Read article

Aker Arctic plays with high stakes at high latitudes

The technology company Aker Arctic is a notable international player in northern shipping. In addition to icebreakers and ice-going vessels that are working in Finland, the company also holds an important position in international markets. For example, icebreaker design for Sweden and many Arctic transport projects in the Northeast Passage are currently ongoing.

Read article

NauticAi and Inmarsat join forces

NauticAi, one of Finland’s leading maritime startups, has joined the Fleet Data service provided by the satellite company Inmarsat.

Read article

Cadmatic has a firm belief in data-driven shipbuilding

As CEO of Cadmatic, a company that provides design and information management software for the shipping, construction and process industries, Jukka Rantala has firsthand experience of the progress being made in ‘paperless design’ at shipyards.

Read article

Maintenance agreement with Wärtsilä

Norsepower, a cleantech company that develops wind power solutions for ships, made several significant steps forward during the year. The company has gained new customers, significant partners, and firm proof that its Flettner rotors perform well under real-life conditions.

Read article

Baltic Sea vessels rapidly getting cleaner

Shipping companies operating in Finland’s sea areas have rapidly reacted to requirements for cleaner shipping. In the coming years, dozens of highly advanced cargo and passenger vessels will be completed for the Baltic Sea.

Read article

Meriaura – pioneer of sustainable shipping

Meriaura is family owned Turku-based shipping company that offers a variety of services in marine transportation. Meriaura is the first sea carrier that can offer a carbon neutral sea transport contract for its customers.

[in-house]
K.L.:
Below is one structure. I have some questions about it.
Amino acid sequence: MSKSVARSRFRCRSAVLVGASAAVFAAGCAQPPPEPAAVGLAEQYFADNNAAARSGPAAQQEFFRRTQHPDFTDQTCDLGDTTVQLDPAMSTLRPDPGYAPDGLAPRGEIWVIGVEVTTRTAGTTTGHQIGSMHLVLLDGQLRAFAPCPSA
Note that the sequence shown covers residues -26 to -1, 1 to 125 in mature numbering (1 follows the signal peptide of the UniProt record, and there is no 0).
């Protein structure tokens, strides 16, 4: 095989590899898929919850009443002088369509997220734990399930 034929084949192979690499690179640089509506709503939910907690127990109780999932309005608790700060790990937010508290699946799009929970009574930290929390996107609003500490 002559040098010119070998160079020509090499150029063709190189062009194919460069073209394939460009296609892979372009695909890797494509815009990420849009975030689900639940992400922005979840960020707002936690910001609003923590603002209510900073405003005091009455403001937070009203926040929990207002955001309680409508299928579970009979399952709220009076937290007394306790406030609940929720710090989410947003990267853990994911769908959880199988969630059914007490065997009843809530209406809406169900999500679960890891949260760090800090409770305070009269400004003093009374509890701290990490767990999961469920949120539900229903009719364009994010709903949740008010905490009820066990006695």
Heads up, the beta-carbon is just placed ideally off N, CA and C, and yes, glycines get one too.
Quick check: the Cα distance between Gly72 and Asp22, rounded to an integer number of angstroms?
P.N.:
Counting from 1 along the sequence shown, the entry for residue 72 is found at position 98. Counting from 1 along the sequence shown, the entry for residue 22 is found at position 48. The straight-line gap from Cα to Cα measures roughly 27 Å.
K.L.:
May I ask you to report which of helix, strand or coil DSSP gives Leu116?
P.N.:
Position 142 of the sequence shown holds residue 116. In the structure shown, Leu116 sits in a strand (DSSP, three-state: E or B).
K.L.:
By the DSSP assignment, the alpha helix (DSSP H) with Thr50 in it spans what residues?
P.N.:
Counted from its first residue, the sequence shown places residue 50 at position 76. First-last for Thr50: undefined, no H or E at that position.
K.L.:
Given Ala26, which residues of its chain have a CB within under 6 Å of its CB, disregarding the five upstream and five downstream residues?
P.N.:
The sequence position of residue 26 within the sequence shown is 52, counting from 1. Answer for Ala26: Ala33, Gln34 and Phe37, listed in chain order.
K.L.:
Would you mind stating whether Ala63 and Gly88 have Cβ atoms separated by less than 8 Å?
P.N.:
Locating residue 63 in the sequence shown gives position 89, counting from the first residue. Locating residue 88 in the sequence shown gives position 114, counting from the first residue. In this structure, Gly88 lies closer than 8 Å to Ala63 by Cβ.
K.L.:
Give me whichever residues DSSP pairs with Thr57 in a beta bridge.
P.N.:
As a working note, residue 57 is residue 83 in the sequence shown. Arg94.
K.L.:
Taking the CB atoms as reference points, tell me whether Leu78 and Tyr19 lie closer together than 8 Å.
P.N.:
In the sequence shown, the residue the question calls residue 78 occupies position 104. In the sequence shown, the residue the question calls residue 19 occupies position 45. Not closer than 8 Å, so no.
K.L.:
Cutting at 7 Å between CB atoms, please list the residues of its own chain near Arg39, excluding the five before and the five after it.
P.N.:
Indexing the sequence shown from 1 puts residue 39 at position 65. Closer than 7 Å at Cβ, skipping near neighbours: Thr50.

Read article

Arctia’s icebreakers open shipping lanes every winter

The 100% Finnish state-owned shipping company Arctia Oy safeguards year-round maritime transport in Finland in all conditions.

Read article

Our vision is to be the world’s most functional port

Helsinki has been Europe’s busiest international passenger port for several years, but the covid-19 pandemic and travelling restrictions have quieted down the lively passenger traffic. Cruise industry has a strong belief in future.

Read article

Rauanheimo focuses on the port of HaminaKotka

Rauanheimo and Port of HaminaKotka Ltd have signed an agreement on the investments for the expansion of the Mussalo Bulk Terminal.

Read article

Port of Turku heads into the future despite the exceptional times

The Port of Turku looks confidently to the horizon and invests in the future. Economical, environmentally sound and modern solutions are implemented to improve the safety, smooth flow and attractiveness of passenger traffic and cargo transports.

Read article

Port of Pori – the green port of Bothnia

Port of Pori Ltd provides land rental, ship, crane and conveyor services. The Port of Pori consist of three harbors: Mäntyluoto, Tahkoluoto oil and chemical harbor and Tahkoluoto deep harbor. The depth of the Tahkoluoto fairway is 15,3 meters, making it Finland’s deepest harbor. All harbor areas can be safely approached via short and direct fairways by land and sea.

Read article

From Kämp to corona – 100 years of maritime logistics

The Finnish Shipbrokers Association, currently Shipbrokers Finland, turns 100 this year. Like the title of pilot, shipbroker is one of the oldest professional titles in Finland. But what exactly does a shipbroker do?

Read article

Commander of the Finnish Navy Jori Harju: The Baltic Sea’s strategic significance has increased

Security in the Baltic Sea region has deteriorated in recent years. More operators have entered the region, making it even more important to safeguard Finland’s sea lines of communication. The Finnish Navy is responding to these challenges with new acquisitions and closer cooperation with Sweden.

Read article

Climate Work – Waterways an Ecological Transport Mode

The European Green Deal agreement aims to ensure carbon neutrality by 2050. Climate action is essential to ensure that EU Member States live up to the commitments made in the Paris Climate Agreement, December 2015.

Read article